Ofsted chief agrees to meet parents

Chief Inspector of Schools in England and Head of Ofsted Sir Michael Wilshaw

Chief Inspector of Schools in England and Head of Ofsted Sir Michael Wilshaw

First published in National News © by

The head of Ofsted has agreed to meet a group of parents from some of the 21 schools caught up in the so-called Trojan Horse inquiry.

Sir Michael Wilshaw made the pledge after meeting several Birmingham MPs to discuss community concerns at Ofsted reports which found a "culture of fear and intimidation" had developed in some schools.

Inspection reports published last Monday found that ten of the 21 schools require improvement, while five others were rated inadequate and placed in special measures.

The inspections were conducted in March, April and early May after allegations emerged of a plot to take over schools in predominantly Muslim areas by forcing the adoption of strict Islamic practices.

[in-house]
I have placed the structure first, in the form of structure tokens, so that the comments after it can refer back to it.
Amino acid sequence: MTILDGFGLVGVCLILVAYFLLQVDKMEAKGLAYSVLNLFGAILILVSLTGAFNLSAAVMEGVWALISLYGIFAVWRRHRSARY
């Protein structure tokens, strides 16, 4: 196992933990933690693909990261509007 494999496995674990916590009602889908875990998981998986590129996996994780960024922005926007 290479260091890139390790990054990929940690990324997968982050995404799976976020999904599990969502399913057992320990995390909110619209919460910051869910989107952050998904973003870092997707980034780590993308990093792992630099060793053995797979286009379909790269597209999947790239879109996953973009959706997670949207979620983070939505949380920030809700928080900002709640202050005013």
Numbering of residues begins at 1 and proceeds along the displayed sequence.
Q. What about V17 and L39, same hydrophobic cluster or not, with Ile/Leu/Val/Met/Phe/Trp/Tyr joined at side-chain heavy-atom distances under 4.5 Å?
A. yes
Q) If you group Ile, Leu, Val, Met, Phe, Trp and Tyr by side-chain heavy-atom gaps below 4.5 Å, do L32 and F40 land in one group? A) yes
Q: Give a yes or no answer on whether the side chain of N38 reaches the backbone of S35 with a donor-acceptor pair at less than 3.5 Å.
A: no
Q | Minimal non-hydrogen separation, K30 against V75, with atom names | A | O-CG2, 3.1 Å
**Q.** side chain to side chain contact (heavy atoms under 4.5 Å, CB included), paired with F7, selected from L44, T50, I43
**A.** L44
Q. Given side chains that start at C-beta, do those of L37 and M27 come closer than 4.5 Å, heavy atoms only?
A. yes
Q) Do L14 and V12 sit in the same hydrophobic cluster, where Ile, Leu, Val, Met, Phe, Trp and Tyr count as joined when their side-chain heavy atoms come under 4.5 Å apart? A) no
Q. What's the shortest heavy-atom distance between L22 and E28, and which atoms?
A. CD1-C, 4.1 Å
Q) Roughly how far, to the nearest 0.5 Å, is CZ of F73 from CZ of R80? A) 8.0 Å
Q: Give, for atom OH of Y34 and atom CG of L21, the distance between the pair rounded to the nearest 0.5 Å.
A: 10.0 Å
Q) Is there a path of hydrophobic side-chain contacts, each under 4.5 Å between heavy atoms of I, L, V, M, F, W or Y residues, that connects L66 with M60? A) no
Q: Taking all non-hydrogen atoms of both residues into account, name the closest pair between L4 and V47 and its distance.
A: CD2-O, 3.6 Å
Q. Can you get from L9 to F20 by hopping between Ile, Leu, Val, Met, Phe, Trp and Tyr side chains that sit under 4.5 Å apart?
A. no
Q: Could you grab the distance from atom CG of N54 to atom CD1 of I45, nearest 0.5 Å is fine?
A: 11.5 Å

Confirming that Sir Michael is willing to meet with pupils' parents to address their concerns, Ofsted said:"Sir Michael had a constructive meeting this week with a number of Birmingham MPs to discuss the findings from the 21 inspection reports.

"He agreed to consider how best to meet a request from some MPs for him to address the concerns of some of their constituents, including the suggestion of meeting with a small representative group of parents.

"He made it clear that both he and his team are willing to meet with parents and that Ofsted has a key role to play in helping the schools to improve."

In an advice note provided to Education Secretary Michael Gove last Monday, Sir Michael said evidence provided to Ofsted showed some governors had recently exerted "inappropriate influence on policy and the day-to-day running" of several schools in Birmingham.

Sir Michael also claimed Birmingham City Council had failed to support a number of schools in their efforts to keep pupils safe from the potential risks of radicalisation and extremism. "In several of the schools inspected, children are being badly prepared for life in modern Britain," he said.

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